A short history of Trans Liberation and the Trans Umbrella

Mallory Moore
4 min readFeb 24, 2021

The "trans umbrella" is a coalition of different gender-transgressive groups against anti transgender prejudice and discrimination. It is not an attempt to say that all groups under the umbrella are the same or have the same needs.

In particular, while the idea of "trans" (without a suffix) in Anglo-American trans liberalism has been somewhat colonised by an extremely medical-centric (ie transsexual) view based around the idea of transition, Transgender Liberation as a term was coined by Leslie Feinberg, and as a concept dates even further back. Leslie Feinberg was a non-transsexual butch genderqueer lesbian. Sie lived a large part of hir life as a "passing woman" and a great deal of hir life’s work was trying to forge coalitions between transvestites, transsexuals, drag queens, drag kings, people who would be cursed at in the street as "he-shes" and "shims" and "shemales", regardless of their assigned sex and gender. For Feinberg the point of this coalition wasn’t so much a focus on identity (how you relate to yourself, your sex etc) but about how society treated people outside of policed norms of gender.

Of course the way that people express gender diversity varies hugely. Most DQs are just performance artists and will tend to be pretty safe unless they’re working as door hosts, straight transvestites only cross dress in private or in safe spaces with others but might be vulnerable mainly to being outed and publicly shamed and may even lose their jobs or children in particularly militantly gender policing societies (which has been a fairly serious threat in large parts of Anglo American society until relatively recently and can continue to be problematic in some places!)

Other people may come from cultural gender traditions outside of Anglo-American culture and may or may not identify with "transgender" as a term but the Transgender Umbrella was, by design, open as a coalition to those without attempting to prejudge some shared "trans" essence. There have been critiques of this approach - it can tend towards colonising the gender diversity of people’s who have already been colonised by European cultures, in cases where people try to forge a shared transgender political identity and then apply it to others. In an attempt at trying to build a shared model for coalition and a shared "Transgender history" Feinberg said some things about 2 spirit indigenous Americans and other groups which were oversimplified and worth reading subsequent criticism from colonised people.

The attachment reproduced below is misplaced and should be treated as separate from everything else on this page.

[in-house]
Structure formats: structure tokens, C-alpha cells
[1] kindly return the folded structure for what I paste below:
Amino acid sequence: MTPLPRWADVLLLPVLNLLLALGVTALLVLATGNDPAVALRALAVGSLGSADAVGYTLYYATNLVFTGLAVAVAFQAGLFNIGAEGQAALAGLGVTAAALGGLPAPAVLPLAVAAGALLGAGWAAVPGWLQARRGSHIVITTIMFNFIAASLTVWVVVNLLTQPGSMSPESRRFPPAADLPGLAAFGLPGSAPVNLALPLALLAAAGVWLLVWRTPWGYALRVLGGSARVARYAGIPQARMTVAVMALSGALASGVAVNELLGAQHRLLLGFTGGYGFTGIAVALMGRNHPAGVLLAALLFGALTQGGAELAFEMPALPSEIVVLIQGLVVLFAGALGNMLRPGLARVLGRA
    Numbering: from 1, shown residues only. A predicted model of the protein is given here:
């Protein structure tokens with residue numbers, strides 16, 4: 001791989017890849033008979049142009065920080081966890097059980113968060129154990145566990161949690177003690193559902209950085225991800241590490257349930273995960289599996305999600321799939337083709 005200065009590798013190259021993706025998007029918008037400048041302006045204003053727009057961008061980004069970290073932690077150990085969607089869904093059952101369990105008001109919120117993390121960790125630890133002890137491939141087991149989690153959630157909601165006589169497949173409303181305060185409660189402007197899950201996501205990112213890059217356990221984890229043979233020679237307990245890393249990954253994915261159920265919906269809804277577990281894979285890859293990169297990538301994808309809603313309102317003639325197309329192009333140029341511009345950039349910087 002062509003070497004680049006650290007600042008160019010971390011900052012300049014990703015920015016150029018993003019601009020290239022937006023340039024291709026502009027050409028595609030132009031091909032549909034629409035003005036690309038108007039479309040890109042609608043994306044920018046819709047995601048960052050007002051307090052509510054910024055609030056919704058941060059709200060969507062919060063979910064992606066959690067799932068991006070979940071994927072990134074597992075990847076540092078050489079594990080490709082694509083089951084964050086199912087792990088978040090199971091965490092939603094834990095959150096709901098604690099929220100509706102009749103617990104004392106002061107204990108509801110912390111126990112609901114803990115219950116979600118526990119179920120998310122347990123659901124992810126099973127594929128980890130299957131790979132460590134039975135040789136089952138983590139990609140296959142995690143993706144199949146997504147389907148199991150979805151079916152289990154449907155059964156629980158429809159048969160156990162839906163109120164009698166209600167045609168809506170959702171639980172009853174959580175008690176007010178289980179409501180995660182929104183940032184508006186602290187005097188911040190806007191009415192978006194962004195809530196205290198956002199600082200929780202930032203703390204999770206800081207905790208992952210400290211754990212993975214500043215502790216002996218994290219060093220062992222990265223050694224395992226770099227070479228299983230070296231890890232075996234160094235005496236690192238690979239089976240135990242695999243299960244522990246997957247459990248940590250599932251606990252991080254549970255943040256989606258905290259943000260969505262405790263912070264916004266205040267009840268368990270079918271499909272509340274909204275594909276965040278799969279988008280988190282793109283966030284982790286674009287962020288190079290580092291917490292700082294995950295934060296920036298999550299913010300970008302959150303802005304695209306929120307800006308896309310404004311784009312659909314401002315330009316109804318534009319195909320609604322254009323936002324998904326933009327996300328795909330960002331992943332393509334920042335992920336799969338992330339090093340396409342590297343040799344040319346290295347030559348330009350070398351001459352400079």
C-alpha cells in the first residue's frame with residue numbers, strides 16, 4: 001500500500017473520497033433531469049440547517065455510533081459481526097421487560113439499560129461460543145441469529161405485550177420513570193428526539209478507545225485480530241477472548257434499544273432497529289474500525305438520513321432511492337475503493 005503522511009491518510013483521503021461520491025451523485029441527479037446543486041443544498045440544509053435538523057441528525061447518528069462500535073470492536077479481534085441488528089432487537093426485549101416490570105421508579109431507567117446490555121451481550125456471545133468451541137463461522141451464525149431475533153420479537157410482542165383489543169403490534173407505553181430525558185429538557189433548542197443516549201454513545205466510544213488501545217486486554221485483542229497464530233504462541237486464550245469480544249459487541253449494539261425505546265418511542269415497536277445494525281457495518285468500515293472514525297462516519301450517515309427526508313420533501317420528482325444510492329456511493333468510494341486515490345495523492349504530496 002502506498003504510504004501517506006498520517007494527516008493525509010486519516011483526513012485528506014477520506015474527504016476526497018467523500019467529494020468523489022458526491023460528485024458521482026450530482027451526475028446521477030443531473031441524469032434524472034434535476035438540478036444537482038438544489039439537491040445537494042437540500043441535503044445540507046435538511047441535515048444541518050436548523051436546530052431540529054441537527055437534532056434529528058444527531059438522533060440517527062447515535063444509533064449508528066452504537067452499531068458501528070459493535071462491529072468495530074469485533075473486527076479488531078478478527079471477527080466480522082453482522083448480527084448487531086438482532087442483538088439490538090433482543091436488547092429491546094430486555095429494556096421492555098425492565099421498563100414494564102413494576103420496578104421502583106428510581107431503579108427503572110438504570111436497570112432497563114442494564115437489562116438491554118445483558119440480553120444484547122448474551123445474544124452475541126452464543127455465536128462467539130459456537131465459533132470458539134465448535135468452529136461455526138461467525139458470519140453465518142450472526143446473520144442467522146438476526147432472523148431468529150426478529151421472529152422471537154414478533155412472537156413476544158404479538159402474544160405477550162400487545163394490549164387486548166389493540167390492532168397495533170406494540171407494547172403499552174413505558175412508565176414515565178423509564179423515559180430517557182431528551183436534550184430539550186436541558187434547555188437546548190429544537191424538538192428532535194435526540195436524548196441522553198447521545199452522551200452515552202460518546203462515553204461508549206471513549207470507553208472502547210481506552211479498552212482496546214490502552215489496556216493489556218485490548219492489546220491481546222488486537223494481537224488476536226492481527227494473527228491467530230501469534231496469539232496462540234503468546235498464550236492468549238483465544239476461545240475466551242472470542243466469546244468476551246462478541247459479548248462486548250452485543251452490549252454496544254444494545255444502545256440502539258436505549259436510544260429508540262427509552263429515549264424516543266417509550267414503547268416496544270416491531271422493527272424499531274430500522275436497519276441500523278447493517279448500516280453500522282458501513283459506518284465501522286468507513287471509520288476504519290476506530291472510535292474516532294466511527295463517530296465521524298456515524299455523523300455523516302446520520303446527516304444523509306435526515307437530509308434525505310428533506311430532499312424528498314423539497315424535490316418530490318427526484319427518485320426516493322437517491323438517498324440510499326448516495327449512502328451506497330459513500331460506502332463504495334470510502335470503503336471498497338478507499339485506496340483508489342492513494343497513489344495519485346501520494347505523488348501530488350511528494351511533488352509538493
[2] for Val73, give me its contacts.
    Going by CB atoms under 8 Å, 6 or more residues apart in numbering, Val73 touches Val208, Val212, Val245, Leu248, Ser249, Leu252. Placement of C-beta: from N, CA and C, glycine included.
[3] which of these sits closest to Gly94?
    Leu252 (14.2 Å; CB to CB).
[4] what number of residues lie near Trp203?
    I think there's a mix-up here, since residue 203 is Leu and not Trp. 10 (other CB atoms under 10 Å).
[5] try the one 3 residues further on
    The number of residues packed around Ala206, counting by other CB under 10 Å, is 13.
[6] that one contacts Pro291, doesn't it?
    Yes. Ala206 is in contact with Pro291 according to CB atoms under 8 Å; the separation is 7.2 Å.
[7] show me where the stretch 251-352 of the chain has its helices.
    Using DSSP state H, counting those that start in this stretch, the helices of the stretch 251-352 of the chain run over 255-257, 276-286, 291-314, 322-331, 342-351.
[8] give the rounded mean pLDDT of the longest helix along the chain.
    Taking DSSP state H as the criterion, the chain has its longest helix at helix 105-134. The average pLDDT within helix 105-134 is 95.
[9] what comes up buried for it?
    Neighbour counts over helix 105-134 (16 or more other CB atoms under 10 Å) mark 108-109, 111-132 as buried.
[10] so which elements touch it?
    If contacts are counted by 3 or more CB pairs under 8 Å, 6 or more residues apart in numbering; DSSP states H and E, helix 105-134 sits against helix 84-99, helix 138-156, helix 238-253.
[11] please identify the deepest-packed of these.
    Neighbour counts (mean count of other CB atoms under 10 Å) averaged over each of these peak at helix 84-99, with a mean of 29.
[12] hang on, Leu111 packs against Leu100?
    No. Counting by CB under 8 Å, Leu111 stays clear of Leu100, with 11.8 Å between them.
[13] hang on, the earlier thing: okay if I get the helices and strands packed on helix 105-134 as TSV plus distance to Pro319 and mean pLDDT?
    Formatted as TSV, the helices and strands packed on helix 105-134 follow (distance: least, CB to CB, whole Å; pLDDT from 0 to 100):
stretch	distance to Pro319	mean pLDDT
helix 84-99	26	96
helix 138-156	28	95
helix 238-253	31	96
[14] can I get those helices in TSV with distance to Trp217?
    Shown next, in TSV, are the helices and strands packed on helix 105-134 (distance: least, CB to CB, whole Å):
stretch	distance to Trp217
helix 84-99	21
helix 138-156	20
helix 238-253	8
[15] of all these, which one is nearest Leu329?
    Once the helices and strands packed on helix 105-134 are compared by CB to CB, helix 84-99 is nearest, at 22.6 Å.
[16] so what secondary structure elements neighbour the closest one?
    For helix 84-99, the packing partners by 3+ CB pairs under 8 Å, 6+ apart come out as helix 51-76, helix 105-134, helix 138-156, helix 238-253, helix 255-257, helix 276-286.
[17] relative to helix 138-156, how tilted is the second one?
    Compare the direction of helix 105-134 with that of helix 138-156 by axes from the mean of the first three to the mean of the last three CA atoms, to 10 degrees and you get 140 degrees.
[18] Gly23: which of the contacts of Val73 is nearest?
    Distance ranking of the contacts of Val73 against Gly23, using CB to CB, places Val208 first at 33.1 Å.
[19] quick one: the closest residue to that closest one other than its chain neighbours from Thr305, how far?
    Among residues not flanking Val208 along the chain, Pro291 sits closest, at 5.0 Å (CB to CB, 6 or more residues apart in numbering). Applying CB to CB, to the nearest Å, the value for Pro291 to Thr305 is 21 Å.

All the same the idea of a transgender umbrella and forging a shared political identity open to those who face oppression on the basis of transgressing gender norms (whether through transition or whatever else) remains a really powerful one.

There are also complex factors that emerge in trans history that are not accounted for by a model of "trans rights" that focuses on those who medically transition.

Historically there has been a class divide among *who* is able to transition and who remains "only" a transvestite. There is also a degree to which "transvestite" and "transsexual" are arbitrary medical labels which do not equally get applied to rfab and rmab people and especially do not usefully capture the experiences of genderqueer and nonbinary people. Another thing is that attempts to create these taxonomies of transness can end up being white by default with the "norms" that put you in one class or another being raced and classed and attempts to organise around taxonomic labels effectively becoming white-first trans politics.

Anyway, you can read hir original booklet on Transgender Liberation here:


Feinberg also wrote a somewhat more matured work on the topic in 1998 called Trans Liberation: Beyond Pink or Blue.

Leslie Feinberg was a Revolutionary Communist and it informed the basis of hir work for building a radical intellectual and street activist transgender movement.

I should also mention that trans studies has a whole range of critique around the limits of "transgender liberation", using an umbrella idea for all forms of oppression for people outside of gender norms etc. I’m pretty sure Vivianne Namaste wrote about it among others. You don’t have to adopt this idea wholesale or without criticism. It’s just, given how there’s so much ignorance about it, it’s important to know what the umbrella is, why it came about and what purpose it serves.

As a slight post script: apologies for archaic uses of language in this essay that might rub people up the wrong way, but I’m trying to get to the roots of the idea and it’s not trivial to translate between it’s history and present day online trans culture, especially when a lot of things have been collapsed into trans at the same time as trans medicalisation has been massively scaled up from what it used to be. There’s a very real language gap between trans radical leftism and the ways common liberal NGOs educate most people to use trans terminology, with differences that are hard to translate clearly.



Mallory Moore

Trying to develop a gender abolition worthy of the wider abolitionist feminism movement.